March 22, 2016
Underage DWI Defense During Prom & Graduation Season
Prom and graduation season are approaching fast, which means police will be out in full force looking for impaired teen drivers on the roads. USA Today reported that while teen drunk driving has declined by 54 percent since 1991, there are still times when there is an elevated risk of impaired driving among young people. Police know when local prom nights and local graduations are held and they frequently increase patrolling activities on these nights in an effort to identify young people who are breaking the law and charge them with an underage dwi.
An arrest for impaired driving could affect a young person’s college plans, as Huffington Post lists an arrest for impaired driving as one of the top five reasons why a college might rescind an offer of admission. The expense of a conviction for driving while impaired by drugs or alcohol could also be financially expensive at a time when young people need to save for college, and the loss of a driver’s license could adversely affect summer and college plans. Parents and teens need to be aware of the risk of underage DWI arrests during prom and graduation time when drinking rates increase and need to ensure they take immediate action after an arrest for impaired driving.
DWI Defense During Prom and Graduation Season
Teens can actually face serious legal consequences for impaired driving in many more situations than adults do. A young person under the age of 21 is subject to zero tolerance laws which punish any use of alcohol at all. A teen who has not even had a full drink could end up with a Blood Alcohol Concentration (BAC) over the legal limit for young people. Because of these zero tolerance rules, teenagers who are not anywhere close to drunk could still find themselves in need of DWI defense help.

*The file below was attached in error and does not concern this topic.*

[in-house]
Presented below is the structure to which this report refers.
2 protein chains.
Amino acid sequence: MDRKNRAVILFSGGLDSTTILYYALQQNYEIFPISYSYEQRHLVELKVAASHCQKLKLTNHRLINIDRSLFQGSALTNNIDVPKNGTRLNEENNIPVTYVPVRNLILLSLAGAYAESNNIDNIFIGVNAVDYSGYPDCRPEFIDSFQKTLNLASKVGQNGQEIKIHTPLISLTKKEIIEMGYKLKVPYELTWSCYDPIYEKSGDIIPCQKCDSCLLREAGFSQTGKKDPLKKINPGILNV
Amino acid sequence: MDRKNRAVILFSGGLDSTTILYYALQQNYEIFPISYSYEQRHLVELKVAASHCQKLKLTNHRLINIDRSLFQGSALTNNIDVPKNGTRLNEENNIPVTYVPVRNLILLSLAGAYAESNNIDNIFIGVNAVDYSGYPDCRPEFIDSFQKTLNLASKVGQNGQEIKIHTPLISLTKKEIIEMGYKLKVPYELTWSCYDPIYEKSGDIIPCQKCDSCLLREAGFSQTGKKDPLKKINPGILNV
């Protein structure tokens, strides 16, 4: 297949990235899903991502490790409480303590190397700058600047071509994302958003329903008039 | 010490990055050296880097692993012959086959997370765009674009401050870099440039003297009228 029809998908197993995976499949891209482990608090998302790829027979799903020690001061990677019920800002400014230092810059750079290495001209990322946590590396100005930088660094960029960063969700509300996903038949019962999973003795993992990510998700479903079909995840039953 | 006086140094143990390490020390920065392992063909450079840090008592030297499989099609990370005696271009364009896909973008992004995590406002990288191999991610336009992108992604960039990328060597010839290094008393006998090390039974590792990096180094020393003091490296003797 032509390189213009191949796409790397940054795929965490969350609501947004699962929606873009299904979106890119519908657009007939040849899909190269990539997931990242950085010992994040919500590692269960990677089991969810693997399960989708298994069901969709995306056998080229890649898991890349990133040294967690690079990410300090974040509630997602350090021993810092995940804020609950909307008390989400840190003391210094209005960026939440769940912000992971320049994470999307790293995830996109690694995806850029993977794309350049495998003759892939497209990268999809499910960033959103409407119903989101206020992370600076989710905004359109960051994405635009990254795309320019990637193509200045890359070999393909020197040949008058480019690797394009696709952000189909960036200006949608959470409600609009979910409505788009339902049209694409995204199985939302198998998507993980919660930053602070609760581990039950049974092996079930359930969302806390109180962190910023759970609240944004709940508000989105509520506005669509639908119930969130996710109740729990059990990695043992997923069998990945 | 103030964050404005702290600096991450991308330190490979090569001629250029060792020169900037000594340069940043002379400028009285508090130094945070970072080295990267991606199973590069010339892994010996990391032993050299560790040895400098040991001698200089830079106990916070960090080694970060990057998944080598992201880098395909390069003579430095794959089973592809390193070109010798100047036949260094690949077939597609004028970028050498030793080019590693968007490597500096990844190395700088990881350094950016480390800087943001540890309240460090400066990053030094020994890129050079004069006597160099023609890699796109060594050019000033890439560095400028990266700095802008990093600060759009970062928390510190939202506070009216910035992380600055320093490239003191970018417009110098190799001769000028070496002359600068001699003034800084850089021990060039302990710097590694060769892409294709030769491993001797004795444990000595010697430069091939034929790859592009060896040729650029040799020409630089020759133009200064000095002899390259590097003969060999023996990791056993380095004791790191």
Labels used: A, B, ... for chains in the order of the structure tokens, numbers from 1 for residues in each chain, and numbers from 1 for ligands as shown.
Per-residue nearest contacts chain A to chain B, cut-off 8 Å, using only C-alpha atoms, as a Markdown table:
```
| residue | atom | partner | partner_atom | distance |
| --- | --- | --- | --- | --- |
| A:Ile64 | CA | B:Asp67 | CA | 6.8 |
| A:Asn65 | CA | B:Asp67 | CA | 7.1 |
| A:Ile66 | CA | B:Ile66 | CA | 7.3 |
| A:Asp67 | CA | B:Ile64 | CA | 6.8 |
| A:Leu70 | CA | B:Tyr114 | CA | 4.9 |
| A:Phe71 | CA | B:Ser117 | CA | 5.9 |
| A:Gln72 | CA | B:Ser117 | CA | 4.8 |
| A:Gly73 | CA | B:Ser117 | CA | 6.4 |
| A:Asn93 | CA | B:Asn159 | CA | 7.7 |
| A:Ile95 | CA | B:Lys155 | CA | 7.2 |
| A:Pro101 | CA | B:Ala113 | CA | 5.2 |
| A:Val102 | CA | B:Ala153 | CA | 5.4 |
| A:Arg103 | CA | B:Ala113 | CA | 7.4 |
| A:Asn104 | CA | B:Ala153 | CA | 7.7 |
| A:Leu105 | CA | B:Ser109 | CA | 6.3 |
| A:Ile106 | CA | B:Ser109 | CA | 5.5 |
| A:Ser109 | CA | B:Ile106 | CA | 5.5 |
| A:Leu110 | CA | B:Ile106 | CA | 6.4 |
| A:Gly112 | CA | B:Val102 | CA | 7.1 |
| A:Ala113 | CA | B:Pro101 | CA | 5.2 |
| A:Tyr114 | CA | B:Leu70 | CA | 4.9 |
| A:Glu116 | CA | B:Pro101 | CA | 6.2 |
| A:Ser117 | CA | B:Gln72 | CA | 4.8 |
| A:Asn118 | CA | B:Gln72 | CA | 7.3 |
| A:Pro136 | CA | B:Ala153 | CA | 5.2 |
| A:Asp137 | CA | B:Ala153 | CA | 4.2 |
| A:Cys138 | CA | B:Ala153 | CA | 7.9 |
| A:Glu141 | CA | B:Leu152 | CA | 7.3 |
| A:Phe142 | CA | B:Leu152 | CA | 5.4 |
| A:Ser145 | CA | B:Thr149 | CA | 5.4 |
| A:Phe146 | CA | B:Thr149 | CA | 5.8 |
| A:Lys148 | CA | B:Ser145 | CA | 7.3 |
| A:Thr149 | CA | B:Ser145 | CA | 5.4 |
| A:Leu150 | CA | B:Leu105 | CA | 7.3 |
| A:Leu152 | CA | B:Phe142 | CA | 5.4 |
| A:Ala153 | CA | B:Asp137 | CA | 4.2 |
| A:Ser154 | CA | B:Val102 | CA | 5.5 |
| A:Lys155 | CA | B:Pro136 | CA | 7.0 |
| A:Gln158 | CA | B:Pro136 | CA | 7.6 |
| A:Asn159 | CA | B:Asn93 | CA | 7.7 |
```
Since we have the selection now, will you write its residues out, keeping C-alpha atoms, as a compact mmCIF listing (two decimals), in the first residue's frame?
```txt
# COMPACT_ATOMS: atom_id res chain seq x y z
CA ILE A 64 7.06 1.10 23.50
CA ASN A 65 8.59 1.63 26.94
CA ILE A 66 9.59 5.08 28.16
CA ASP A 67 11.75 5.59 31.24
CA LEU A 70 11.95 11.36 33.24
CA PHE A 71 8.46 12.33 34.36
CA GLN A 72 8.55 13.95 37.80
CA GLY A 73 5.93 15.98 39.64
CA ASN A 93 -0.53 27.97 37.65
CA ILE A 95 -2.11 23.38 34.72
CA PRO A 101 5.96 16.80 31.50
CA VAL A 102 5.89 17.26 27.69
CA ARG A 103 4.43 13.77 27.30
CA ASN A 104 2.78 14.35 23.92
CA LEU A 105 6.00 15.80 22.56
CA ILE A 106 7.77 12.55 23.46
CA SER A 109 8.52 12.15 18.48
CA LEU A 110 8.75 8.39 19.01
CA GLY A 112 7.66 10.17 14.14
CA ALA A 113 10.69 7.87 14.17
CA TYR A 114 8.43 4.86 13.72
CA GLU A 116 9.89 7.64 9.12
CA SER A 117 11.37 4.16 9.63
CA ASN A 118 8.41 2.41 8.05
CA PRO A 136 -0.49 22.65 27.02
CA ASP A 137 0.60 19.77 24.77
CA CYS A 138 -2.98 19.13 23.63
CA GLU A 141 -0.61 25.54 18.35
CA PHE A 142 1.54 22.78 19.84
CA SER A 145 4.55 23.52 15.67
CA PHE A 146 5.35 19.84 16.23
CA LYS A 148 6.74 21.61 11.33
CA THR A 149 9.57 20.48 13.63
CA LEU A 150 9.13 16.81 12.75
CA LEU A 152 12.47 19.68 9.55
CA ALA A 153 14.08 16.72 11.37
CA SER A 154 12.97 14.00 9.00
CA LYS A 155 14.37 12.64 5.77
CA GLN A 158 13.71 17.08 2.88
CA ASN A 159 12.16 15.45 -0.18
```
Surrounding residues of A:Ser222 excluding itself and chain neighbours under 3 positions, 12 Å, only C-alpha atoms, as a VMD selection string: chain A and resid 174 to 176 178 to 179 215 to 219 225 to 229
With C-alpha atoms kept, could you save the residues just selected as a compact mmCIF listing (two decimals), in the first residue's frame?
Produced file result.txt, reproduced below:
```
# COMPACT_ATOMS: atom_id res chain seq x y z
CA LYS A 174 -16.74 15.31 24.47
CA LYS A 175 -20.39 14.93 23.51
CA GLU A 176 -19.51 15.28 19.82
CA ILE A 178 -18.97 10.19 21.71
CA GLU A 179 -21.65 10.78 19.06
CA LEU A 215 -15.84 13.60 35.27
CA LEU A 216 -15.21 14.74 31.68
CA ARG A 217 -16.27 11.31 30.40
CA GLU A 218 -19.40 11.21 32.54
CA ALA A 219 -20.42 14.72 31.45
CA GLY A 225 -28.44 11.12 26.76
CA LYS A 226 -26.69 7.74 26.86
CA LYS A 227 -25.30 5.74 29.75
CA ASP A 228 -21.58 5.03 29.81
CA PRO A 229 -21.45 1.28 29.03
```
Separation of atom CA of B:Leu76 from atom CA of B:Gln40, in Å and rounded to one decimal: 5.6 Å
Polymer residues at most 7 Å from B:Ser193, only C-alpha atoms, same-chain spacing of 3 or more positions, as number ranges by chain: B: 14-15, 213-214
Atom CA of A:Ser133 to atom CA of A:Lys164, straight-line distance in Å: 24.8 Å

Most teens are also unaware of their constitutional rights and would be uncomfortable asserting those rights to a law enforcement officer. While an adult may be more comfortable declining a field sobriety test and an in-field breathalyzer test because an adult is aware of accuracy problems with these types of tests, many teenagers would be frightened and uncomfortable with the idea of declining to perform this testing when asked to by an officer of the law.
When a teen is arrested for impaired driving, parents should consult with an attorney for help as soon as possible. The teenage driver should give a detailed account of the events leading up to the arrest to determine if the traffic stop or BAC testing was justified. If there was no probable cause for a traffic stop or no probable cause of impairment to justify testing, evidence collected against the teenager driver may be suppressed. There may also be options available to first-time teen offenders which would make it possible for them to avoid a criminal record after an arrest. An attorney can help parent and teens to explore options for raising defenses or for negotiating to reduce or avoid criminal consequences after an arrest for impaired driving.